While workers’ comp benefits are generally associated with physical injuries sustained in the workplace, some states extend workers’ compensation to employees suffering from mental or emotional injuries as a result of workplace-induced trauma or occupational duties. California workers’ comp laws recognize that psychiatric conditions can stem from an employee’s occupational duties, meaning that certain disorders and symptoms are considered compensatory in workers’ comp claims.
Keep reading to learn more about applying for workers’ compensation benefits after suffering a psychiatric injury in a California workplace.
Workers’ Compensation for Mental or Emotional Injuries
A psychiatric injury is an emotional or mental injury under California workers’ comp laws. It entails any form of psychological or emotional damage that an employee suffers as a result of their occupation or workplace environment, such as post-traumatic stress disorder (PTSD), anxiety, or major depressive disorder.
Under California Labor Code § 3208.3, a psychiatric injury must fulfill the following criteria to be considered an acceptable ground for workers’ compensation:
- The psychiatric condition is listed in the DSM-IV
- The employee has been employed for a minimum of 6 months
- Actual employment events are at least 51% responsible for causing the condition
Proving Psychiatric Injuries in Workers’ Comp Cases
For a psychiatric injury to be considered compensable, there must be proof that the disorder resulted from the employee's work situation or environment, as such injuries are treated differently than other physical trauma incurred on the job under California workers’ compensation laws.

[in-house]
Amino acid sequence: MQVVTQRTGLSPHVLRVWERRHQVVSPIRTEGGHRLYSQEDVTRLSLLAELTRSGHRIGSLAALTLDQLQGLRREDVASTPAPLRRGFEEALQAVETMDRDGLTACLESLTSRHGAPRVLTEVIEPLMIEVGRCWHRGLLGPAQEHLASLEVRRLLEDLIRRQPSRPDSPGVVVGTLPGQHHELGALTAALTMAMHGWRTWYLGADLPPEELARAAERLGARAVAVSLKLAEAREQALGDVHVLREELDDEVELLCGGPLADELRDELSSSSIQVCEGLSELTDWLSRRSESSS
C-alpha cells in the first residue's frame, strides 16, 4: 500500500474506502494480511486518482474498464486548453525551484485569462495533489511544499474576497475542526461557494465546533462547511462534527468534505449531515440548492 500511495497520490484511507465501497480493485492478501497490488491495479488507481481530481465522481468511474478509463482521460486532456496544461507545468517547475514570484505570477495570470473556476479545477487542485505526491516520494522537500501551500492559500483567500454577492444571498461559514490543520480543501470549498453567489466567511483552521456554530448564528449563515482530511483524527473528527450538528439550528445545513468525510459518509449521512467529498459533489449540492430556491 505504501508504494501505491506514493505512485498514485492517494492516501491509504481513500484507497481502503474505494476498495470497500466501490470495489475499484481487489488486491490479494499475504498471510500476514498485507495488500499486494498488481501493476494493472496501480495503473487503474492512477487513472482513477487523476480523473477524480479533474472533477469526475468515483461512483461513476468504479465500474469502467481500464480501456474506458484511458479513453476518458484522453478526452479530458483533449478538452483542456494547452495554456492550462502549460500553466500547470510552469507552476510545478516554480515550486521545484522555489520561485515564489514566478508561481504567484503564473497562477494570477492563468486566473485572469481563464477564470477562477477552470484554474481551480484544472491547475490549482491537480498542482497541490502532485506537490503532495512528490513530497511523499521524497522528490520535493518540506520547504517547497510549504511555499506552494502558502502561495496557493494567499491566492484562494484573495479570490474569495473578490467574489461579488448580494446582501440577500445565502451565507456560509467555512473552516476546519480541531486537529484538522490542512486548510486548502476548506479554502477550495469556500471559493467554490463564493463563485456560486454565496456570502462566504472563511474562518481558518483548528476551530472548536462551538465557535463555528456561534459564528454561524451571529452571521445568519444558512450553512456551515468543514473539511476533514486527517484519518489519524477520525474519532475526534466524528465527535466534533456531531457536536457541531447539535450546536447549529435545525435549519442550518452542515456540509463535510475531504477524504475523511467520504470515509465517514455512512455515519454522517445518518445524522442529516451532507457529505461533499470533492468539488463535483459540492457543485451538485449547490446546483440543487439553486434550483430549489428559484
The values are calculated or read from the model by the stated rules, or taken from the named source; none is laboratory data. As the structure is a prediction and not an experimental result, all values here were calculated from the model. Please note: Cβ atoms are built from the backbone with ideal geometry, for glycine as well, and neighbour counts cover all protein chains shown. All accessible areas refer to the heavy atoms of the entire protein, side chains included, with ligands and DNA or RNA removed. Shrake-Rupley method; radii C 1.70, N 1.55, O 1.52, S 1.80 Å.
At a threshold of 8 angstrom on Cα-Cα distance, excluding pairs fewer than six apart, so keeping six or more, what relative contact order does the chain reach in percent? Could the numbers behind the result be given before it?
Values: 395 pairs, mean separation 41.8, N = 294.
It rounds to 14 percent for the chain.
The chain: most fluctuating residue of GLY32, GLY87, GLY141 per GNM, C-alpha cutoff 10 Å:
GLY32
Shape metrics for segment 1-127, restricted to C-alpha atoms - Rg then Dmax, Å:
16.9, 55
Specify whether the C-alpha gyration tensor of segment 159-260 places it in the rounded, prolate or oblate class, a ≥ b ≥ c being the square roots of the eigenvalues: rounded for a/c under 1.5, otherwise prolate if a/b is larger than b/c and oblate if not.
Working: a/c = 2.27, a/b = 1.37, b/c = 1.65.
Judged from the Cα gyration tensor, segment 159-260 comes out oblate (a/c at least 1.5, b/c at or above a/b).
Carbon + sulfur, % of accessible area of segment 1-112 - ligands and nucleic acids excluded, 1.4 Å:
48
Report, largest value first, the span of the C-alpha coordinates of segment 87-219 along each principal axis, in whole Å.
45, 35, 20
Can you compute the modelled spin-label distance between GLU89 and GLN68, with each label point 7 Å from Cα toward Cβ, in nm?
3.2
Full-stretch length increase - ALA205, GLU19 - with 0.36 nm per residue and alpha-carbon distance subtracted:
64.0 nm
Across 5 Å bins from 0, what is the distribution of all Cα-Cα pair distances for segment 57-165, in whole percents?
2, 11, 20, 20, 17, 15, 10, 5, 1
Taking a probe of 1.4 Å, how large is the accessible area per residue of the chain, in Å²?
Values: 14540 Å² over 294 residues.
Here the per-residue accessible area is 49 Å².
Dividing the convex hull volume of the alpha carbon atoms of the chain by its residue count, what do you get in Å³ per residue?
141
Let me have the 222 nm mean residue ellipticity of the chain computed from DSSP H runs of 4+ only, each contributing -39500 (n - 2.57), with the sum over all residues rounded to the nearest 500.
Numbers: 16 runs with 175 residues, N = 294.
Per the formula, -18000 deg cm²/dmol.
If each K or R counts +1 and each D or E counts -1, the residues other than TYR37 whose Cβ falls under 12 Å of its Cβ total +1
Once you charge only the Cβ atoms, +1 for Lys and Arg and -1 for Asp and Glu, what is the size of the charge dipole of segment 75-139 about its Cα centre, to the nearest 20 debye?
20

To successfully prove that a psychiatric injury is work-related, California workers should keep the following elements in mind:
Unlike physical injuries, which need only demonstrate that they are related to the workplace to be compensated, psychiatric injuries must also show direct causation between the condition and an event or circumstance at work. Most workers' compensation insurers also require additional evidence, such as diagnosis reports from a qualified mental health professional or other licensed provider to successfully establish coverage for psychiatric injuries.
Workers applying for workers’ comp due to psychiatric injury must also provide evidence demonstrating a clinical diagnosis of the disorder. The diagnosis must come from a licensed mental health professional and clearly state that symptoms are consistent with the criteria listed in the Diagnostic and Statistical Manual of Mental Disorders (DSM-5). A proper diagnosis will include details regarding how long symptoms have been present and what level of interference they are causing in daily functioning.
Finally, it's important for individuals filing a workers' comp claim for PTSD to keep detailed records of all expenses related to medical treatment for their condition. These documents can include items like invoices from medical professionals or practitioners involved in providing care, receipts related to medication costs, transportation fees associated with attending doctor’s appointments, or any other out-of-pocket costs incurred as part of receiving treatment for PTSD.